Sven thought about it then said to Ole, he said, “Vy, dat vud be a fresh tomato in Yanuary!”
Luke Pederson and Tyler Anderson don’t carry on near the same level of conversation that sages Ole and Sven do, but they do have fresh tomatoes! Lots of them, at A & P Hydroponics. And it is January.
Those two young men have things in common. They both grew up in the Mayville-Portland area, graduated from May-Port CG High School and both were in the Marine Corps. (You are not supposed to say ex-Marine.) Pederson mustered out of the Marines two years ago and came back home to farm. Anderson left the Marines in 2012, but while he was still in California he took a class in hydroponics, not necessarily because he saw that in his future, more because it sounded interesting.
“I decided I needed something to occupy my time in the winter. Can’t farm in the winter,” Pederson said. Anderson said,
“When I came back I did a few different jobs. Then about a year ago Luke got a hold of me and said, ‘Hey, we should do this.’”
As most people in the area know, Dennis Kost created Kost Hydroponics from scratch many years ago. It literally grew into a wellknown, respectable business. But, when Kost’s health began to decline, he decided to offer his business for sale. Anderson and Pederson were interested. They visited Kost a few times and even helped out there some, hands on, to get the hang of it.
However, they weren’t prepared to pay the price Kost wanted. They researched the possibility of starting a new greenhouse from the ground up. They found that the project would cost just about as much as purchasing from Kost, and it would take a lot longer to get rolling.
Sadly, Kost, a fine man and God bless him, passed away. Not because of that but because of their remaining interest, Pederson and Anderson connected with the Kost family and a new financial agreement was negotiated. Hence, they are plucking their own product today.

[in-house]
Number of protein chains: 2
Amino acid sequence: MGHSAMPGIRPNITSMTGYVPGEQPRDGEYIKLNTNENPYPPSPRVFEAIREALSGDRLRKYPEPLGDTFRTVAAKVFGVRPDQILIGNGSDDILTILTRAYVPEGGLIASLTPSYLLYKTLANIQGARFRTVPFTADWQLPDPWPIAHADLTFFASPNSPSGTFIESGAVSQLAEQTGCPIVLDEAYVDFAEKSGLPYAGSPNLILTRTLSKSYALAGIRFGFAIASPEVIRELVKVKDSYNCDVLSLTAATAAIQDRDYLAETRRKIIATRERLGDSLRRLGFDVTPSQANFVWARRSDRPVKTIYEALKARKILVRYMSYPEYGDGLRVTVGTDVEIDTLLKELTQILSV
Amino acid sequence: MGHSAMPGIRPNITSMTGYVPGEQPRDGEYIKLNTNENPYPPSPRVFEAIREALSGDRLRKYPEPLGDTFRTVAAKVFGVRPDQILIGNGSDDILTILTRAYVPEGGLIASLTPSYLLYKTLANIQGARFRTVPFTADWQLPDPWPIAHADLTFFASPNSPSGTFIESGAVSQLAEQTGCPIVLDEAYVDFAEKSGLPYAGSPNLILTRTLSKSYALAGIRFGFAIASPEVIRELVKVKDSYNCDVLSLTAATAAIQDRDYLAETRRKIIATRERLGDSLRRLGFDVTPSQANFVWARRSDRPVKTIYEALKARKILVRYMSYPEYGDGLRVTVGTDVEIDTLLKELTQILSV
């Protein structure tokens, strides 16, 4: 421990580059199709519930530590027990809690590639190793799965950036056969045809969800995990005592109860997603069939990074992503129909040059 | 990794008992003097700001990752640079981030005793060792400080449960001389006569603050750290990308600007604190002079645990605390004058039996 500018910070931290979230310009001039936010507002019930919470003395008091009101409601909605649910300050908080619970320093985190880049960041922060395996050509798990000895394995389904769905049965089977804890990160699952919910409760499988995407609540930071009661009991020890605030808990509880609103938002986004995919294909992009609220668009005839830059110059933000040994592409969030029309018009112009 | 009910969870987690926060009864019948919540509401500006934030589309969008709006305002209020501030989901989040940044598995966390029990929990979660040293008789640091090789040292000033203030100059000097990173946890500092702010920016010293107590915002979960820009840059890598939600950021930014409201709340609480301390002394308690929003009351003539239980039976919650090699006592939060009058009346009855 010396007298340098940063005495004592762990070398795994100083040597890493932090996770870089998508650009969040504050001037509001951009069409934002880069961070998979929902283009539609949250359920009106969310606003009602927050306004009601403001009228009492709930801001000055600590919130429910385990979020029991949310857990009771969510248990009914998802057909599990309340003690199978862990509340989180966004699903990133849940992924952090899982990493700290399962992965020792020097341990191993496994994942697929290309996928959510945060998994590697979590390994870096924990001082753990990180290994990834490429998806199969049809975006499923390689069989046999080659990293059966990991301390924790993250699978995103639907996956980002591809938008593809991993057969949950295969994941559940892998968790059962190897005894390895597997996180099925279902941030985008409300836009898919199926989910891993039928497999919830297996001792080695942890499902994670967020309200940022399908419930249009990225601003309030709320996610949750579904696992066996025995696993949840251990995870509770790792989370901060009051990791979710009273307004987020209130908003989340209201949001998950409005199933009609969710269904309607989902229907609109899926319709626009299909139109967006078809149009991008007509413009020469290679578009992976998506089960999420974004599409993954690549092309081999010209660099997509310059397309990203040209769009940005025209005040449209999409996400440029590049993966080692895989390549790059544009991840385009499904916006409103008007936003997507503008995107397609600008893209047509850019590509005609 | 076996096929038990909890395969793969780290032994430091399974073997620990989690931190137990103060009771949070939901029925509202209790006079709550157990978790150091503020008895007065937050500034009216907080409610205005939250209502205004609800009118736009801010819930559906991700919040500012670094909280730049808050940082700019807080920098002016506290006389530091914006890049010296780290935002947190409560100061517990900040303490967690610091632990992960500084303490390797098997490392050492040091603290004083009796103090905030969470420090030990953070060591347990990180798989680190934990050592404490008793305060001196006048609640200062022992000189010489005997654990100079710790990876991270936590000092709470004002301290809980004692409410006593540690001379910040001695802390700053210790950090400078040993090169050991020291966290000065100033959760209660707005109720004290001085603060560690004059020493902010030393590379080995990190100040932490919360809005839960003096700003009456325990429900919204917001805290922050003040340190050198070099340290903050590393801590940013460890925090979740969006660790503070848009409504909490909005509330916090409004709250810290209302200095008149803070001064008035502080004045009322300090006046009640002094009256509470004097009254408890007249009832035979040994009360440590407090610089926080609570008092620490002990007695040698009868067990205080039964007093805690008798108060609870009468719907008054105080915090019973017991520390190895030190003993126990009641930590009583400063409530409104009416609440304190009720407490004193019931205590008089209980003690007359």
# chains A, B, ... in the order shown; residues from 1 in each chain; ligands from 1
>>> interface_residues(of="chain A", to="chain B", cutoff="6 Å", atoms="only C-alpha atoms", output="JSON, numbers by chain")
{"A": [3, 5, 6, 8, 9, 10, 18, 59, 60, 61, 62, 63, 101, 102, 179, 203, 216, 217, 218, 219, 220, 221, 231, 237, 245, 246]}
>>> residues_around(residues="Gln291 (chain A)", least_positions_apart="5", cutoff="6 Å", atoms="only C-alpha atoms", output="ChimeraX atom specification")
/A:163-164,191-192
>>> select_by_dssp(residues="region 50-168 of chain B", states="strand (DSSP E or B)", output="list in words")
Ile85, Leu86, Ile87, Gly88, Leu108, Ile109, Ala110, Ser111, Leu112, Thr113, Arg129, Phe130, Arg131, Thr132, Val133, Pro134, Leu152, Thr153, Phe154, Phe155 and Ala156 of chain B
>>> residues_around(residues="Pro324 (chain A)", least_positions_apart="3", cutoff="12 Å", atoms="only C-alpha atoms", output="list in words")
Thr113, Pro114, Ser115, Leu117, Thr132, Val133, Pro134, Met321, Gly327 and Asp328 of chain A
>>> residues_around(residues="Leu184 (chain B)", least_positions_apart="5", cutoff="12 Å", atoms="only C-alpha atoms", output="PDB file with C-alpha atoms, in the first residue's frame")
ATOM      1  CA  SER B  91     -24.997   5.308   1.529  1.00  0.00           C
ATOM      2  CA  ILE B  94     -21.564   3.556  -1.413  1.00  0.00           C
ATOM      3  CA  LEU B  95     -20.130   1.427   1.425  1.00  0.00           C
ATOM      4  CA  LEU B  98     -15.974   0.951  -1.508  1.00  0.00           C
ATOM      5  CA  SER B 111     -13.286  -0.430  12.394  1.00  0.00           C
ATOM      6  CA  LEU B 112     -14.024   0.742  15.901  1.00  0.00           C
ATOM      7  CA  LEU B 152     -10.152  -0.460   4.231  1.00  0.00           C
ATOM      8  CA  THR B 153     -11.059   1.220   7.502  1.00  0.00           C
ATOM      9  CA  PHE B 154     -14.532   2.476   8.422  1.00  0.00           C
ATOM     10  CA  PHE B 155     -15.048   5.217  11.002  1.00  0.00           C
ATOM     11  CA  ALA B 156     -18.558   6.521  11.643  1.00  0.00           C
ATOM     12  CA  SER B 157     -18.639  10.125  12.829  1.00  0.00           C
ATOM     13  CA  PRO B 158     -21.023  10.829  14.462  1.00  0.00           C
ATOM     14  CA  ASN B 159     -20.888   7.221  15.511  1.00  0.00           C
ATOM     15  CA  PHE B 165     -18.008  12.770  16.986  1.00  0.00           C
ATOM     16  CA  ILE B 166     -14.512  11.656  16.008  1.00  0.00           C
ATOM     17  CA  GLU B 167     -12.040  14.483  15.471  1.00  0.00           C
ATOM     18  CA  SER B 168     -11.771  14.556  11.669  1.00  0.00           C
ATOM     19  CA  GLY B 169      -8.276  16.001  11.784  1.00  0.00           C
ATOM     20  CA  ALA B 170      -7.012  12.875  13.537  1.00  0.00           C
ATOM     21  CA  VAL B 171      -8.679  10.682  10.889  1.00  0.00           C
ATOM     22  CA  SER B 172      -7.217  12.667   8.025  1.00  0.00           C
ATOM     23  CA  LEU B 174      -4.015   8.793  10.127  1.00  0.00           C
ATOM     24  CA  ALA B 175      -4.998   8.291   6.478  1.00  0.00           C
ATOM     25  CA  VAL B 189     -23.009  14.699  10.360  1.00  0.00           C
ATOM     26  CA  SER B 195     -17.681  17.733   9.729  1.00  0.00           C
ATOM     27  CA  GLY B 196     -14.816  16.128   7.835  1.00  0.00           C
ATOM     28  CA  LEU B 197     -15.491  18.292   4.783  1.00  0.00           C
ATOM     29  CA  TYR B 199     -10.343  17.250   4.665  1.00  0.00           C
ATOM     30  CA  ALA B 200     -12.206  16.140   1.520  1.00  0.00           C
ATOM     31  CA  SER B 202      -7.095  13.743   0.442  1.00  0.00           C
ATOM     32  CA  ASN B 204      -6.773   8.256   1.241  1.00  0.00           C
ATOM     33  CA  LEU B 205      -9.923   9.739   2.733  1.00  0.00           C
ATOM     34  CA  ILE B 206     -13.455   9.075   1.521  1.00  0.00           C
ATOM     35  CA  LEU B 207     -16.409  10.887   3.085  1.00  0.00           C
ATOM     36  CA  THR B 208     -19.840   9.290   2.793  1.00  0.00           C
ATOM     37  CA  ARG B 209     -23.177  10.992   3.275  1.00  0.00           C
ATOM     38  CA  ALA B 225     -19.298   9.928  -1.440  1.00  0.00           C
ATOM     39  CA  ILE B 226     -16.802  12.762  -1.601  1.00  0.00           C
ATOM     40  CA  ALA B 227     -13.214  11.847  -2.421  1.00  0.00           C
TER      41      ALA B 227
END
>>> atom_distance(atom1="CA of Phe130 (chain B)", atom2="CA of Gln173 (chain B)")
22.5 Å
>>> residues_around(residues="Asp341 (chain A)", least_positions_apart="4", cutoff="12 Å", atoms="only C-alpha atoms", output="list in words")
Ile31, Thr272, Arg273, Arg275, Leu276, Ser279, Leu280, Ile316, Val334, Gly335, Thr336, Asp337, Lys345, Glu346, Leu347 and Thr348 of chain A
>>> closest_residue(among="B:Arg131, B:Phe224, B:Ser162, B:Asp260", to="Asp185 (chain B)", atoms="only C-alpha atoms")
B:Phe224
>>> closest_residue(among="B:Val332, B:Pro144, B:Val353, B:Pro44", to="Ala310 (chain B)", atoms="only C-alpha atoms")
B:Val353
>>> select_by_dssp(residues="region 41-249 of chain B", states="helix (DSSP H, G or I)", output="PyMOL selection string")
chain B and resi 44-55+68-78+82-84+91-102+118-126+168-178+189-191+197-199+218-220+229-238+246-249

But it hasn’t been an easy adventure. Although they had discussed the operation and process to some extent with Kost, they didn’t begin with a full picture, a laid-out playbook or manual. No, most of the learning curve of planning and groundwork was trial and error experimentation.
They took official ownership August 9, 2016, but they had already started the young plants in their little boxes, cribs so to speak. It took about two weeks to clean the greenhouse. After that they set up the growing apparatus, bought more growing-buckets to transfer the plants into permanently and graded the draining surface. Tomatoes like a lot of water, but what they don’t drink has to go somewhere.
Having started the plants in July they were big enough, strong enough in August to be transplanted into their growing-buckets, along with their “soil,” which is actually expanded clay pellets. They had to immediately get them water, an irrigation system that pumps water through small tubes/lines separately to each plant.
So far the process was mostly mechanical. The bon-fide novice experimentation was about to begin. You see, chemicals and fertilizers are combined with the watering system and finding the proper balance of nutrients, without damaging their babies, was darn hard mental figuring for them.